Strobe: Many tactical flashlights have a strobe function. I find flashlights that have a constant strobe function will give you the best light painting results. Many tactical flashlights have an SOS strobe, rather than a constant strobe. The SOS strobe can still give you good results but be aware the SOS strobe is a series of short and long flashes that is not a consistent strobe.
Light Painting Tools
I’ll say it again here, you can create a light painting with ANYTHING that emits, reflects, or modifies light! With that being said there are companies that have ready-made light painting tools that can give you a big headstart to creating some epic light paintings if you lack the time, space, or ability to make your own tools!
What to Wear
When you are light painting it is best to wear dark clothing. Wearing dark clothing will help to keep you hidden in your images. Dark clothing helps any unwanted light that hits you while you are creating your light painting to absorb into your clothing instead of being reflected back and unintentionally recorded by the camera.
Where to Shoot
To create a light painting you need a dark environment. If you are inside a studio where you have total control of the ambient light this is no problem.
Finding a completely dark environment can be a bit more challenging when you are outside, especially if you live in the city. A general rule for light painting is the darker the environment the better. You can create some cool light paintings in urban environments but you will be more limited in the amount of time you have to create. If you scout a location during the day make sure to watch out for street lights that might flood your scene with unwanted light at night!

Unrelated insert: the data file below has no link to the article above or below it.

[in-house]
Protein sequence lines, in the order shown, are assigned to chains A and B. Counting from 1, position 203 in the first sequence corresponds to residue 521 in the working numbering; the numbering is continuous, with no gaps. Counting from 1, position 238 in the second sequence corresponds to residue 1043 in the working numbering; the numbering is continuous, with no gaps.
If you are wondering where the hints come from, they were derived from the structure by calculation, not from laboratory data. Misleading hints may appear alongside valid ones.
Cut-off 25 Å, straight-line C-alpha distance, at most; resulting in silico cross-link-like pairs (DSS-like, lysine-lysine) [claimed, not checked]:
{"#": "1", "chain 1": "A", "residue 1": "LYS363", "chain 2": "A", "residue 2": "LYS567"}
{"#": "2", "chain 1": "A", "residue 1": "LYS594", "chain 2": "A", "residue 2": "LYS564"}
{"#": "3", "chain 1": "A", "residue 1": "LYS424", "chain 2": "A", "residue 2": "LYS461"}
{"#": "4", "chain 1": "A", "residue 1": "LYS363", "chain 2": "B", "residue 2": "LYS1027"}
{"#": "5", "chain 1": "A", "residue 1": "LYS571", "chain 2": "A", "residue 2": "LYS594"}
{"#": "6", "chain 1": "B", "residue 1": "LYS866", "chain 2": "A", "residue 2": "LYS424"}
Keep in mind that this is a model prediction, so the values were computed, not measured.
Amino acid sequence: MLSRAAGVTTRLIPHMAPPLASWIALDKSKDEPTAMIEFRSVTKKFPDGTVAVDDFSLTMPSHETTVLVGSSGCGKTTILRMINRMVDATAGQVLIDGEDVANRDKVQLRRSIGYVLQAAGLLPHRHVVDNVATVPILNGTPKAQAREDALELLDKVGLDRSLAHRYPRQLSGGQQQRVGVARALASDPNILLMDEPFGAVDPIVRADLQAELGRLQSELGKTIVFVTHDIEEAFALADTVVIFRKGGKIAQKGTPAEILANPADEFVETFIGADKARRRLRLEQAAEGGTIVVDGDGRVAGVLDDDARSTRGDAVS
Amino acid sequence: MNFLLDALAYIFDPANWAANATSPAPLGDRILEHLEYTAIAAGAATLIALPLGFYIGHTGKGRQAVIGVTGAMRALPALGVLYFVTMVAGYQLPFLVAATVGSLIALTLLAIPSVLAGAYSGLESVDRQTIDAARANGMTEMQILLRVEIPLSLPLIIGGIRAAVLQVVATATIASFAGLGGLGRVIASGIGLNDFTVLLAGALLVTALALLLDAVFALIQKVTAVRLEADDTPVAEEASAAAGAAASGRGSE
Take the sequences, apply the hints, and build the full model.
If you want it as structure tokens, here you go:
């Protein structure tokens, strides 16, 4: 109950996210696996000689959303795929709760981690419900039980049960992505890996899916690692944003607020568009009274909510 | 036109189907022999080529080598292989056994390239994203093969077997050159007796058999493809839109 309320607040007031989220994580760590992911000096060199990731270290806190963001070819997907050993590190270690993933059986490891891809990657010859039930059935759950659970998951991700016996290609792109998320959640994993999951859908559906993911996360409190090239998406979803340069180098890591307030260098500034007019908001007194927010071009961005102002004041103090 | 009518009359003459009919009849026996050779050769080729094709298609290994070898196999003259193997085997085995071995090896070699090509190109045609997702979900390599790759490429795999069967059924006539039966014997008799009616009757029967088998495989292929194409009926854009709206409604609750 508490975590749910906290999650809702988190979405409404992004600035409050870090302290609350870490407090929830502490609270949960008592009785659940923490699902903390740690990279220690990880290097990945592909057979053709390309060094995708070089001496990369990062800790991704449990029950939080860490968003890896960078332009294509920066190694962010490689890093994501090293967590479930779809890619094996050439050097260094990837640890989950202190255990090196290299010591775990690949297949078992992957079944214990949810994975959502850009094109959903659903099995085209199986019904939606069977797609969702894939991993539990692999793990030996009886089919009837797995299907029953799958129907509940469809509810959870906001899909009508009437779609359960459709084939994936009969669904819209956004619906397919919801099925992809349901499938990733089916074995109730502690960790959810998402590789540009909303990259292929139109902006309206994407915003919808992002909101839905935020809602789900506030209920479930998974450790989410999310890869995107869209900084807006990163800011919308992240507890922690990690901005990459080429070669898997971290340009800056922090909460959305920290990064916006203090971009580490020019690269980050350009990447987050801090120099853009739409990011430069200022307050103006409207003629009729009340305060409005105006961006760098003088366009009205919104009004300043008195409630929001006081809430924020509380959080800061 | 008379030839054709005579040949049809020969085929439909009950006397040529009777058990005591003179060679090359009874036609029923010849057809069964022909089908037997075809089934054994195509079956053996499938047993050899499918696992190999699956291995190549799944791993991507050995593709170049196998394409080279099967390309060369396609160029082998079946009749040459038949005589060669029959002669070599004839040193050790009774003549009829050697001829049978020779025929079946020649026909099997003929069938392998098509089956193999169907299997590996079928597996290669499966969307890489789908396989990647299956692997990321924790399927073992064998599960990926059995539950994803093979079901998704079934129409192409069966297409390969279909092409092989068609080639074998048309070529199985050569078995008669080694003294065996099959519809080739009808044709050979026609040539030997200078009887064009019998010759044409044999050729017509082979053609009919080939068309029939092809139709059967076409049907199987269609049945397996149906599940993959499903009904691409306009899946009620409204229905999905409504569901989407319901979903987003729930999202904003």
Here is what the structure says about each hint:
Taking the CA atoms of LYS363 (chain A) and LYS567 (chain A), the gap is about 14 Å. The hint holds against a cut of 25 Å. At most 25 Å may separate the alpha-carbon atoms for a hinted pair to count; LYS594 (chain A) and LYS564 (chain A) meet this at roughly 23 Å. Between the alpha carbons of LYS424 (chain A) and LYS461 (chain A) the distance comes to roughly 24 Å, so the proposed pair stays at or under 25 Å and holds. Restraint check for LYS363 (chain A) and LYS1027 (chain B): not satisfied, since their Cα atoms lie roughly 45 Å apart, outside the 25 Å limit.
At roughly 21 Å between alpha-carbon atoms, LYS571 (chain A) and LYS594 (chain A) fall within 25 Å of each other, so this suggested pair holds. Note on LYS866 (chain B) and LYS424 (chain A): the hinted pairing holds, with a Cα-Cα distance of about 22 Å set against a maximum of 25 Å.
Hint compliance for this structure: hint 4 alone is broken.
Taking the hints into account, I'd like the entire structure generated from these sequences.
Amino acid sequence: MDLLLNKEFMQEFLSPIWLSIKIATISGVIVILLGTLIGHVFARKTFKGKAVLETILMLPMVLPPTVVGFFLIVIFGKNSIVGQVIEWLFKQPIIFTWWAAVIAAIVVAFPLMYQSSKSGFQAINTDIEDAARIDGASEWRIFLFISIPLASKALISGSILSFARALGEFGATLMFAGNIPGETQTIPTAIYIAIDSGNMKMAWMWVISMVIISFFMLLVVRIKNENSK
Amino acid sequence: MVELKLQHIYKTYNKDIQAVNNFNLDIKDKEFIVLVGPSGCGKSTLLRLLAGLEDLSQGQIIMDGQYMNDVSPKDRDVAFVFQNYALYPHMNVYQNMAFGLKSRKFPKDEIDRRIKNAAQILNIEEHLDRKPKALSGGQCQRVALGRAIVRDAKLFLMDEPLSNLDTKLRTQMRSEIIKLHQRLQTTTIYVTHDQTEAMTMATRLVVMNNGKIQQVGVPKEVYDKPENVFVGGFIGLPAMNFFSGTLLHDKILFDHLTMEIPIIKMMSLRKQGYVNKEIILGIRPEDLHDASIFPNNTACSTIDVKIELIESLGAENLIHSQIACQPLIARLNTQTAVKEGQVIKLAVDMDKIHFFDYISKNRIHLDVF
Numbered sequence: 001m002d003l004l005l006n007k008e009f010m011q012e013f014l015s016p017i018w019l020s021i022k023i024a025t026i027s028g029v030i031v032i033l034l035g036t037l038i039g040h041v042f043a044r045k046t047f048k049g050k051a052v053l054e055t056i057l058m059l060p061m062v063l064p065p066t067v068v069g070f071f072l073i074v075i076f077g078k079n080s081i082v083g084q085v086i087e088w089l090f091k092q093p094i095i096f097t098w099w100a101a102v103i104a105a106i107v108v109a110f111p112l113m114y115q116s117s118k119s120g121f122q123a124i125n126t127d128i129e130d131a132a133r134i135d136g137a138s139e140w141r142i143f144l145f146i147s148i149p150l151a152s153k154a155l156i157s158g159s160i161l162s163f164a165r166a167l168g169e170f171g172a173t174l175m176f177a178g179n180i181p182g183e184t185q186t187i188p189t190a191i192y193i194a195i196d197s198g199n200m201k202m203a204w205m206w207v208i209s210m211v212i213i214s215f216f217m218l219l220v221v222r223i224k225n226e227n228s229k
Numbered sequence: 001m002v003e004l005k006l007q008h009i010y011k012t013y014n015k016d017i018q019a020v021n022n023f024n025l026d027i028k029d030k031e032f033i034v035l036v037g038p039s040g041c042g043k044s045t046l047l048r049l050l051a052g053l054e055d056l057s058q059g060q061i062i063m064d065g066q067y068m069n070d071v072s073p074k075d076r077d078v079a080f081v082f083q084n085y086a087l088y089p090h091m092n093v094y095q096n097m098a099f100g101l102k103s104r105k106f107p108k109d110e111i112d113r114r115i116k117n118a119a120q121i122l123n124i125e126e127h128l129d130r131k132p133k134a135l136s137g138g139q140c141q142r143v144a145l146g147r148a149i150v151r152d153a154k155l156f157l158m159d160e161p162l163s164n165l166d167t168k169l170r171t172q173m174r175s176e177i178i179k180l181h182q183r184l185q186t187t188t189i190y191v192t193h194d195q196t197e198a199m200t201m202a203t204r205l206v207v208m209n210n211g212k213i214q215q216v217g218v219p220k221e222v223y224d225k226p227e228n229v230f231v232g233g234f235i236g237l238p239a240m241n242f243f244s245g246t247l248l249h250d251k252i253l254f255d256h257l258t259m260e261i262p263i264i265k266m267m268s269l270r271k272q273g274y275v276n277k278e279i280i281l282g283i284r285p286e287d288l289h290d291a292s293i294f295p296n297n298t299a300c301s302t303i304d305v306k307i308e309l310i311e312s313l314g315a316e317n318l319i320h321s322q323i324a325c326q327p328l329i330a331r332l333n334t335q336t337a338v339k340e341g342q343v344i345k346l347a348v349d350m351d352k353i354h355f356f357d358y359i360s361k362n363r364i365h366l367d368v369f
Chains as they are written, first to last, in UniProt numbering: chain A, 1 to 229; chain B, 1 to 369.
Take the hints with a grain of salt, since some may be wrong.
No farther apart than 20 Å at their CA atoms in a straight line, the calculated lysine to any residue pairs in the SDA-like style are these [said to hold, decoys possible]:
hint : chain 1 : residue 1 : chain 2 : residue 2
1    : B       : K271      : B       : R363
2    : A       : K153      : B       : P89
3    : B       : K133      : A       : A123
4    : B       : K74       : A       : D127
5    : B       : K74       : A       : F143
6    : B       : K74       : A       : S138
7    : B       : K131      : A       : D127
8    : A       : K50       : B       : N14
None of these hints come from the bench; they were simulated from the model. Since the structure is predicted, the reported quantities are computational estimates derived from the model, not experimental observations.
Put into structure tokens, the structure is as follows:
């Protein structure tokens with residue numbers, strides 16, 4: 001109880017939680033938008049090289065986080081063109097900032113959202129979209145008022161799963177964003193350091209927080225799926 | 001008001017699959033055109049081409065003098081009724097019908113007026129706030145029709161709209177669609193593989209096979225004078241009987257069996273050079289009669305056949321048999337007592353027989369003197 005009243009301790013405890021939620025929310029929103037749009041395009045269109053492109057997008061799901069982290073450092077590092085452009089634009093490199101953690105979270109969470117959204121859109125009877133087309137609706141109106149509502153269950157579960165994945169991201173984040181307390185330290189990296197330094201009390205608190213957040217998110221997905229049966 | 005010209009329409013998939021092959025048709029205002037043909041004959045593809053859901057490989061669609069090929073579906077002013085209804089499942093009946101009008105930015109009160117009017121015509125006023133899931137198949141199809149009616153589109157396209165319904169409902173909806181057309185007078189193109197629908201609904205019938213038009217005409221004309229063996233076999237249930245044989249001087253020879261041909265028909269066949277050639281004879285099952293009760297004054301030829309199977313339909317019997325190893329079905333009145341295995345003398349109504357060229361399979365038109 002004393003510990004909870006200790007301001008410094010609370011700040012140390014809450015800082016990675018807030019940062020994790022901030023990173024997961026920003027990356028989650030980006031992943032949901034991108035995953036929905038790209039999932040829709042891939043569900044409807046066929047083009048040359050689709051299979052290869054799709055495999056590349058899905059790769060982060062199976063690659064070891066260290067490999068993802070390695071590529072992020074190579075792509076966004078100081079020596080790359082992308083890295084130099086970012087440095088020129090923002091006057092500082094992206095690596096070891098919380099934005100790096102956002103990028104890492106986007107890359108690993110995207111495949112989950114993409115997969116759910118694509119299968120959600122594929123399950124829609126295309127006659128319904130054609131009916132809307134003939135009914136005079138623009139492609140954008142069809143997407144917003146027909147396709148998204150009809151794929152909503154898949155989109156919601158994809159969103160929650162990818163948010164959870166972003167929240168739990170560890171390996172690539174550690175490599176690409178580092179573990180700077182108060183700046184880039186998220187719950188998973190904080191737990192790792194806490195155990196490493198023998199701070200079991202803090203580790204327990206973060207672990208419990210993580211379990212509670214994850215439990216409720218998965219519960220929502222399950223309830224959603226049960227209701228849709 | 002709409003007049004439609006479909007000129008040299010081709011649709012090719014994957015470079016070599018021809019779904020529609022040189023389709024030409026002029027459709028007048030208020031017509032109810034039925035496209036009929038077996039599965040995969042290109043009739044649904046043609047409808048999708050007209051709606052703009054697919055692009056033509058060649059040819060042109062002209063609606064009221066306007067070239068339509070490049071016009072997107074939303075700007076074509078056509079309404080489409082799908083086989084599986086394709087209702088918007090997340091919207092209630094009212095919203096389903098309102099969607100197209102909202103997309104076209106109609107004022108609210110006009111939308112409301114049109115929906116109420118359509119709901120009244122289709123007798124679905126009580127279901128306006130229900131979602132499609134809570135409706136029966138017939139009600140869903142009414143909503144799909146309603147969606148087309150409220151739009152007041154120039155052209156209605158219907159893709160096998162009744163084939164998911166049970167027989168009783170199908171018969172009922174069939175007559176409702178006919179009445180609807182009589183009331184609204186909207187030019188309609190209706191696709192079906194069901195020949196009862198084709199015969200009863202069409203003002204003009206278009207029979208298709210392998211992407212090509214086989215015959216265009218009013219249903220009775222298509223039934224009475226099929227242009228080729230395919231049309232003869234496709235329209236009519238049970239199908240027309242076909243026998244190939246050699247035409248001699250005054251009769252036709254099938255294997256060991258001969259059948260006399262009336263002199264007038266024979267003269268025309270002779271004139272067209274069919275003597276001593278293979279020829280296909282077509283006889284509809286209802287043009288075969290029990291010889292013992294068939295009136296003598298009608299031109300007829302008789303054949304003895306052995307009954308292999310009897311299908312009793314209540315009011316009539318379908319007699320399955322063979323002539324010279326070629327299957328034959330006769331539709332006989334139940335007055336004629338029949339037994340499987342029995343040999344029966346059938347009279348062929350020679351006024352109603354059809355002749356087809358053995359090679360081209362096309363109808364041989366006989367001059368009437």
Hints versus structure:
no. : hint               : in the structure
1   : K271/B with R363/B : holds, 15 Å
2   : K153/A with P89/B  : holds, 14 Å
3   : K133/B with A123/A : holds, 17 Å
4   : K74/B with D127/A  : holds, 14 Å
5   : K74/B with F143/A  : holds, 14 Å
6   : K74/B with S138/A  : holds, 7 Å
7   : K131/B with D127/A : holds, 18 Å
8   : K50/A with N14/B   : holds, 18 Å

Light paintings are created in the dark so safety can be a real concern. The lack of light making things less safe can apply to anything from tripping and falling in the dark to running into dangerous animals out in the wild. If you are going to be out in the woods or some other outdoor environment it’s a good idea to scout your location during the daylight hours to watch out for trip hazards or anything else that might cause you some trouble when the sun goes down.
I personally think the most dangerous thing you can run into at night is other people. This is especially true if you are light painting in an urban environment. Here are a few other things to consider to help keep yourself safe:
Safety in numbers: If you are going out into the wild to create your light paintings it is a good idea to go out with a photo buddy or group if you can. As the old saying goes, there is safety in numbers.
Let someone know where you are: I personally like to light paint alone and I am often in very desolate locations. When I go out at night I always let someone know where I am going to be and when I should be back. At the very least if I don’t show back up, hopefully someone will come looking for me. If you are going with a group or alone I think it’s always a good idea to let someone know where you are going to be and what time to expect you back!
Wild animals: When I am out light painting in the woods I always carry bear spray with me. Bear spray is not only good in case you run into some sort of not-so-friendly animal it can also offer some protection from the not-so-friendly human as well. One more thing about bear spray is to keep it on you where you can get to it quickly. You can get bear spray that comes with a holster, I recommend using the holster. Chances are if you need to use your bear spray, you won’t have time to go get it out of your bag!
Finding the “right” camera settings to capture your light painting work can be slightly more complicated than simply taking a picture at night. When you are finding the proper camera settings for your light painting work there are factors to consider besides just the ambient light that you are working with.
Some of the additional factors to consider when adjusting your camera settings to capture your light painting work are things like the brightness of the light source you are working with, the speed at which you are moving your light source throughout the frame, and even how you are holding the light.